The Action Bible:
Source: Review copy from the publisher.
Book Description from Back Cover:
The Action Bible presents 215 fast-paced narratives in chronological order, making it easier to follow the Bible's historical flow and reinforcing the build-up to its thrilling climax.
The stories in The Action Bible communicate clearly and forcefully to contemporary readers. This compelling blend of clear writing plus dramatic images offers an appeal that crosses all age boundaries.
Internationally recognized artist Sergio Cariello has created attention-holding illustrations marked by rich coloring, dramatic shading and lighting, bold and energetic designs, and emotionally charged figures.
Let this epic rendition draw you into all the excitement of the world's most awesome story.
The Action Bible is a comic-book style picture Bible for children ages 5-8, though older children will also enjoy it. I'd personally call this book Biblical fiction rather than "a Bible" since extra-Biblical comments, commentary, and historical information was worked into the book's summary of Biblical events. Also, some Biblical events were left out. Sexual content and gore was largely smoothed over (using euphemism or implication) or skipped entirely. While I wouldn't use this book as a replacement for the Bible, I'd certainly recommend this book over children's Bible story books.
I really liked that the events were in chronological order and shown in their historical setting. Several psalms were worked into David's life story and several proverbs into Solomon's story. The prophets gave their (summarized) prophecies during the actual events where they were given, and Paul's (summarized) letters were shown as written when they really were written during his travels. There were even some maps of Paul's missionary travels. Also, the Old Testament flowed into the New Testament through a brief (and clearly marked as not in the Bible) historical summary of the events that happened between the two. So the Bible came across as a continuous historical account of God relating to man with a redemptive plan in action (rather than as disconnected morality tales about heroes of the past).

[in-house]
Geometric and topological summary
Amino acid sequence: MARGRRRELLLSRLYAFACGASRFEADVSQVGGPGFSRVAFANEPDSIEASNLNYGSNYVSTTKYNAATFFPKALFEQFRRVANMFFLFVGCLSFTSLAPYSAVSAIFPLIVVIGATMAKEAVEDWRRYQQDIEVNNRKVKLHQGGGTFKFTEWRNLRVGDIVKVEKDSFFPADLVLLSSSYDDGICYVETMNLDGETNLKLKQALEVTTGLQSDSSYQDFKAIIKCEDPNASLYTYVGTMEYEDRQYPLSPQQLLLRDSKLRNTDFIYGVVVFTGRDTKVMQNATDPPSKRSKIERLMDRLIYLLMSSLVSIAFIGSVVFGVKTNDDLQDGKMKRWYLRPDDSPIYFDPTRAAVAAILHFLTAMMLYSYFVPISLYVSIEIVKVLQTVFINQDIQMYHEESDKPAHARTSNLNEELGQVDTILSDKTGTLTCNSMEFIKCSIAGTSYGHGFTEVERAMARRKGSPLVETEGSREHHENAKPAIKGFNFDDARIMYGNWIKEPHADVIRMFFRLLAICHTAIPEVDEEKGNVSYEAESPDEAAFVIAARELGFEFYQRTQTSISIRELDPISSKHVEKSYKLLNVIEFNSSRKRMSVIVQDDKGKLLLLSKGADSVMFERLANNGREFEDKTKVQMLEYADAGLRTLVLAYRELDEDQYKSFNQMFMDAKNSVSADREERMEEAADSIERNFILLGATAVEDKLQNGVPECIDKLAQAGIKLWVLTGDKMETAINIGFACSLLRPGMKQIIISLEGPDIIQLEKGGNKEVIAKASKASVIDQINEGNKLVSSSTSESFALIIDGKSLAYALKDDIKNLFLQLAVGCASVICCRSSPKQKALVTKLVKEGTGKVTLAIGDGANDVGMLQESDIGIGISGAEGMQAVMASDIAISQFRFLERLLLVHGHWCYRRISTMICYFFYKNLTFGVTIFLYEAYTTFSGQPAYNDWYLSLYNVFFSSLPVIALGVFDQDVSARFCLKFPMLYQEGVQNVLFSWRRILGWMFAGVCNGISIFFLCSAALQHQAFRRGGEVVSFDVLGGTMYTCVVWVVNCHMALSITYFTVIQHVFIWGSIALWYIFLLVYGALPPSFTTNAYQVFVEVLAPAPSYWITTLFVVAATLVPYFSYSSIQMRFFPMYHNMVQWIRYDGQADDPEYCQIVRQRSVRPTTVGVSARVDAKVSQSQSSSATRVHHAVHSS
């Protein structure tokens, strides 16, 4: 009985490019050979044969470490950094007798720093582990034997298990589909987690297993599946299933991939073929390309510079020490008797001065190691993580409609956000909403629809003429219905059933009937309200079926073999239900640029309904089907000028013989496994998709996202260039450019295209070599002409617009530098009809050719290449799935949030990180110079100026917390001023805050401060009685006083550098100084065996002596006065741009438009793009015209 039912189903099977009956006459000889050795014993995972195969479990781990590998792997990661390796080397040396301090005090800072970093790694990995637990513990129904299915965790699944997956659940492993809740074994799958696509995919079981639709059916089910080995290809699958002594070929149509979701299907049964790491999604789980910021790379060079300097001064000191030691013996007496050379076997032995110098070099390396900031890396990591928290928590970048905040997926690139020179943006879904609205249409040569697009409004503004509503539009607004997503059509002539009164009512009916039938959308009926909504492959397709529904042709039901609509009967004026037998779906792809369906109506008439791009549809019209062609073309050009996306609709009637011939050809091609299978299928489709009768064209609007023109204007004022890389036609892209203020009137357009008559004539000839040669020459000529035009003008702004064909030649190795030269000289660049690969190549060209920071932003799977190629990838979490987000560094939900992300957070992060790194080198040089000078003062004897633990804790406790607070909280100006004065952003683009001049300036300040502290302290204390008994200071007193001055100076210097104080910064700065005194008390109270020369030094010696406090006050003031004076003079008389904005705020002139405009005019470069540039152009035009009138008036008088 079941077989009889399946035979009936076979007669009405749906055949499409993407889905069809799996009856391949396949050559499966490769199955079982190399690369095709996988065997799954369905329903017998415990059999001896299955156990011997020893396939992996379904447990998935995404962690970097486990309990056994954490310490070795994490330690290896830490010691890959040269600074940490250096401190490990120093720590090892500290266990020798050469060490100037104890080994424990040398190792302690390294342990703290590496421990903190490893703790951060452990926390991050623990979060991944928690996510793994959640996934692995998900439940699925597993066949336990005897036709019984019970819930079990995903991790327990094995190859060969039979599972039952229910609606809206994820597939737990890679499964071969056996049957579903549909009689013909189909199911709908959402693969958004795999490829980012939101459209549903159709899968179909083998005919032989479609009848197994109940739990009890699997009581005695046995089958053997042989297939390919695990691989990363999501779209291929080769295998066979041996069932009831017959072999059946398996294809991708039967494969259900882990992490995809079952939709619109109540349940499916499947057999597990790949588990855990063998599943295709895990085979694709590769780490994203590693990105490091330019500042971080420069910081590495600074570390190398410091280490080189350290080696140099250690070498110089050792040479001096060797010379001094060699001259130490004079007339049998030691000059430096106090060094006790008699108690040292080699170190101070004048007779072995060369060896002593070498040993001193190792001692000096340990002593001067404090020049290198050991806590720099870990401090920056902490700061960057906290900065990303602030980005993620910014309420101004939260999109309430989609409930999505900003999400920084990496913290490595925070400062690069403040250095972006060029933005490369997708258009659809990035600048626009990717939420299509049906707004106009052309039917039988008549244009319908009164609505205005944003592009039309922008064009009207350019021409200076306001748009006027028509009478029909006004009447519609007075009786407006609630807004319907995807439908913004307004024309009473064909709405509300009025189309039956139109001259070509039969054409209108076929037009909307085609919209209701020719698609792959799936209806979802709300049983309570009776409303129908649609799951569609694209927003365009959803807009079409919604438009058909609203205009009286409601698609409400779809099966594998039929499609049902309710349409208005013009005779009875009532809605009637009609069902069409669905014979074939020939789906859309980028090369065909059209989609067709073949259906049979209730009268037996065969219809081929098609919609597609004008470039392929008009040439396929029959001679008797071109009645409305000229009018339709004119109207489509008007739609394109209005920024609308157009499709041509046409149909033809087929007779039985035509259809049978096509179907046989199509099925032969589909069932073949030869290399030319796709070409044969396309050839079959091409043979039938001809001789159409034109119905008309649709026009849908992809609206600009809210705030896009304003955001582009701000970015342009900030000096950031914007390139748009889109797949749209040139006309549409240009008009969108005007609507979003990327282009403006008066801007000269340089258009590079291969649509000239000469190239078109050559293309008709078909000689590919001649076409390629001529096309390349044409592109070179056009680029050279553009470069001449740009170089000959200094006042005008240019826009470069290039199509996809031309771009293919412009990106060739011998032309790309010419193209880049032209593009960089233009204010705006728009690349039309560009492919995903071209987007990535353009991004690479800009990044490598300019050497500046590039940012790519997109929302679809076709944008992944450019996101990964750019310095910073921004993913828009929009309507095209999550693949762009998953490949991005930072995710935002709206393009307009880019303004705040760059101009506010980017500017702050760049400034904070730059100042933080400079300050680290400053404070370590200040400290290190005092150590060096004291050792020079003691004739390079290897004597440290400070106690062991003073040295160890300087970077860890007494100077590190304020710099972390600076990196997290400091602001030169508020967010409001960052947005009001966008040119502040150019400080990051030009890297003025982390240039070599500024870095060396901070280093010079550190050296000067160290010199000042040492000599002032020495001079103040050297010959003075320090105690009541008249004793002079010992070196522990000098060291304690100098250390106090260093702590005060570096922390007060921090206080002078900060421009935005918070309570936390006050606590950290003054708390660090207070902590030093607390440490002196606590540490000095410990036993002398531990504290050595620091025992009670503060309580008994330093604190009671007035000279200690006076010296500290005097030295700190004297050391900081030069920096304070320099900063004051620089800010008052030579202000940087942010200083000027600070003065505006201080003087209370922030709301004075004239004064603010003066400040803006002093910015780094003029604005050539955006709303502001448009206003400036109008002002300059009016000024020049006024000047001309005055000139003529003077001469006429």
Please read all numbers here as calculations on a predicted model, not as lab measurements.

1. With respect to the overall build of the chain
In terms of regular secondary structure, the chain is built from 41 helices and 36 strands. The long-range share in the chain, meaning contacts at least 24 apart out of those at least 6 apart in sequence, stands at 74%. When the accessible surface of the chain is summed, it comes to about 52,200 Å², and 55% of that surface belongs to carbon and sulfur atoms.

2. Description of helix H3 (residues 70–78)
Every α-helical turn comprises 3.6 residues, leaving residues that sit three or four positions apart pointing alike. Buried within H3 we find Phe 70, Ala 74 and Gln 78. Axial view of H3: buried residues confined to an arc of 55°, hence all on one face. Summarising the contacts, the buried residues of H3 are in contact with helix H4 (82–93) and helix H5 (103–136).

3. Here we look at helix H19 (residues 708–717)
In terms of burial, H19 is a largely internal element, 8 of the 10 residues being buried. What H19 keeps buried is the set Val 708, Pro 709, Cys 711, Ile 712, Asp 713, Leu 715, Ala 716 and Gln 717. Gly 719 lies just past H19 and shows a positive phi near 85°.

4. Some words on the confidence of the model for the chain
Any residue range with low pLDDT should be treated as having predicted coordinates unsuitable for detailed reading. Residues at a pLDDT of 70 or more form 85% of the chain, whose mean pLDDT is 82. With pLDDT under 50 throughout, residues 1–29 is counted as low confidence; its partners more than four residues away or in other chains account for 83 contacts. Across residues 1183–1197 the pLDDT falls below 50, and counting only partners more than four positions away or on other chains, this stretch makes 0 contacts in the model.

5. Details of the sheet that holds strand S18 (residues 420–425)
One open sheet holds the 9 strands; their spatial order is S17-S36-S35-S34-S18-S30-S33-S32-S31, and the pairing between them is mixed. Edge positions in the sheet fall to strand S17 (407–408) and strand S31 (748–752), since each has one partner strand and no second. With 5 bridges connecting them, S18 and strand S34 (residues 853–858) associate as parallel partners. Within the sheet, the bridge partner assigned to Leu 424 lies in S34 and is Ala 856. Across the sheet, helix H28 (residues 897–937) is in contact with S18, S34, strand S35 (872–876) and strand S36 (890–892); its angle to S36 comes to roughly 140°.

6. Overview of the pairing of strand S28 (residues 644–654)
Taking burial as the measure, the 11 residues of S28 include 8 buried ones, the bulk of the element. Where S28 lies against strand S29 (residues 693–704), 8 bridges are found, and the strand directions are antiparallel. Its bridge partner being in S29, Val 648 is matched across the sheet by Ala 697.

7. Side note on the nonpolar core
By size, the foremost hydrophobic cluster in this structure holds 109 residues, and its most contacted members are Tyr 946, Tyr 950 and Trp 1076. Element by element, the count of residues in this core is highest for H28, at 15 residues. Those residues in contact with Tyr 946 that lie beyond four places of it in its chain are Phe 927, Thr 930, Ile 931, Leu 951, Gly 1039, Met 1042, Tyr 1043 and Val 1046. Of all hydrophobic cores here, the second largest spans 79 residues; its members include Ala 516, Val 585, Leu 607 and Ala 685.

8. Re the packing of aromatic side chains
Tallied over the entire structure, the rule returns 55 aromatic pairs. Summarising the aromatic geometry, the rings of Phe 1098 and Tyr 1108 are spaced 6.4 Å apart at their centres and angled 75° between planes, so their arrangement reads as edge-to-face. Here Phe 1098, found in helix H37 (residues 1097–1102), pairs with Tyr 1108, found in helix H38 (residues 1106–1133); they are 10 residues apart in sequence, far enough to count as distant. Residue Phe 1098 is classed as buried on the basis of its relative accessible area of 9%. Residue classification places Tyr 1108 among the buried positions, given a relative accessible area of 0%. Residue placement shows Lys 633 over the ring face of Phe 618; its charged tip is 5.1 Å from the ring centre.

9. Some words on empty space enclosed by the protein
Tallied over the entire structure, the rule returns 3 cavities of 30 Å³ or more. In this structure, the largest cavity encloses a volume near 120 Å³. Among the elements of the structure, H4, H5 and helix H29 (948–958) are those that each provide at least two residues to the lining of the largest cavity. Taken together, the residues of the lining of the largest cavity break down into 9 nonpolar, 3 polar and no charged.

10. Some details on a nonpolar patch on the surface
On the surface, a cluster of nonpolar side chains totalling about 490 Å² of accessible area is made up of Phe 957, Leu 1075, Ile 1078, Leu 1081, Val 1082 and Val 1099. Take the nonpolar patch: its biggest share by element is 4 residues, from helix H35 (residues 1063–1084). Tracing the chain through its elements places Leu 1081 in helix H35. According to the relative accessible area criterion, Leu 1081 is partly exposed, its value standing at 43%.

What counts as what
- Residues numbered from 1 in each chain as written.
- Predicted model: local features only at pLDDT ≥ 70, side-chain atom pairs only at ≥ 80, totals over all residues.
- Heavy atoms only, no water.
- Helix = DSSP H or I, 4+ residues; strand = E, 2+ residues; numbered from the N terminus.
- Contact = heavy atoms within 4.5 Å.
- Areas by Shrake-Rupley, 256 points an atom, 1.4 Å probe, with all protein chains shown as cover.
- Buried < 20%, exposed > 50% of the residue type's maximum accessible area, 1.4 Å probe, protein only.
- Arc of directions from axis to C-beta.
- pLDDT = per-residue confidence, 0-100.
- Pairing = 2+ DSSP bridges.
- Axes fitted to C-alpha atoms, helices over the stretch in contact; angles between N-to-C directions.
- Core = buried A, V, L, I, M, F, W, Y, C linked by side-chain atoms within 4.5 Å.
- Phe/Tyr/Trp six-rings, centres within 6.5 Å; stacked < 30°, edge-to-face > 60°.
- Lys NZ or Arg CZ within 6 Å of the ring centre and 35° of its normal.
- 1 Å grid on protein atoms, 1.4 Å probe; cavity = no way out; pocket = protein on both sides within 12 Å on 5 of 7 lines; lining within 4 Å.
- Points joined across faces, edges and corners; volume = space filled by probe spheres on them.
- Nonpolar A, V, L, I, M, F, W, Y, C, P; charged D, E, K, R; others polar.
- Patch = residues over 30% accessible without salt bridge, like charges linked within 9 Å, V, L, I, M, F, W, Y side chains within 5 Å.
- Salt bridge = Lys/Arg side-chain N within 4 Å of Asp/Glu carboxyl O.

I was also very impressed by the vivid, detailed illustrations. The illustrator did an excellent job of correctly showing the character's age, ethnicity, and culture. A few things were off (like the picture of Solomon's temple being built on flat land instead of on a hill), but this book was a lot more accurate than other Children's Bibles I've seen.
And, best of all, children really will read this book without prompting by their parents. I'm testing it on two boys (ages 5 & 10). The report for day 1 is that whenever they weren't running around, they were looking at this Bible.
However, like most children's storybooks, the stories in The Action Bible were only "based on" the Bible. The author always indicated "based on Judges 16:1-20" or whatever verses and, overall, did a good job accurately summarizing the Bible accounts. But the author's interpretation is a part of the text. Those highly familiar with the Bible are likely to come across several places where they won't precisely agree with the wording used--or they'll wish that some point that was omitted or implied was more clearly stated. But, again, that's usually true.
As long as parents don't neglect teaching the actual Bible, The Action Bible is an excellent foundational overview of the Bible that children simply aren't getting any other place, including at church. Overall, I'd highly recommend this Action Bible for use with elementary aged children instead of children's story books or as a way to give them a good overview of what's in the Bible.
If you've read this book, what do you think about it? I'd be honored if you wrote your own opinion of the book in the comments.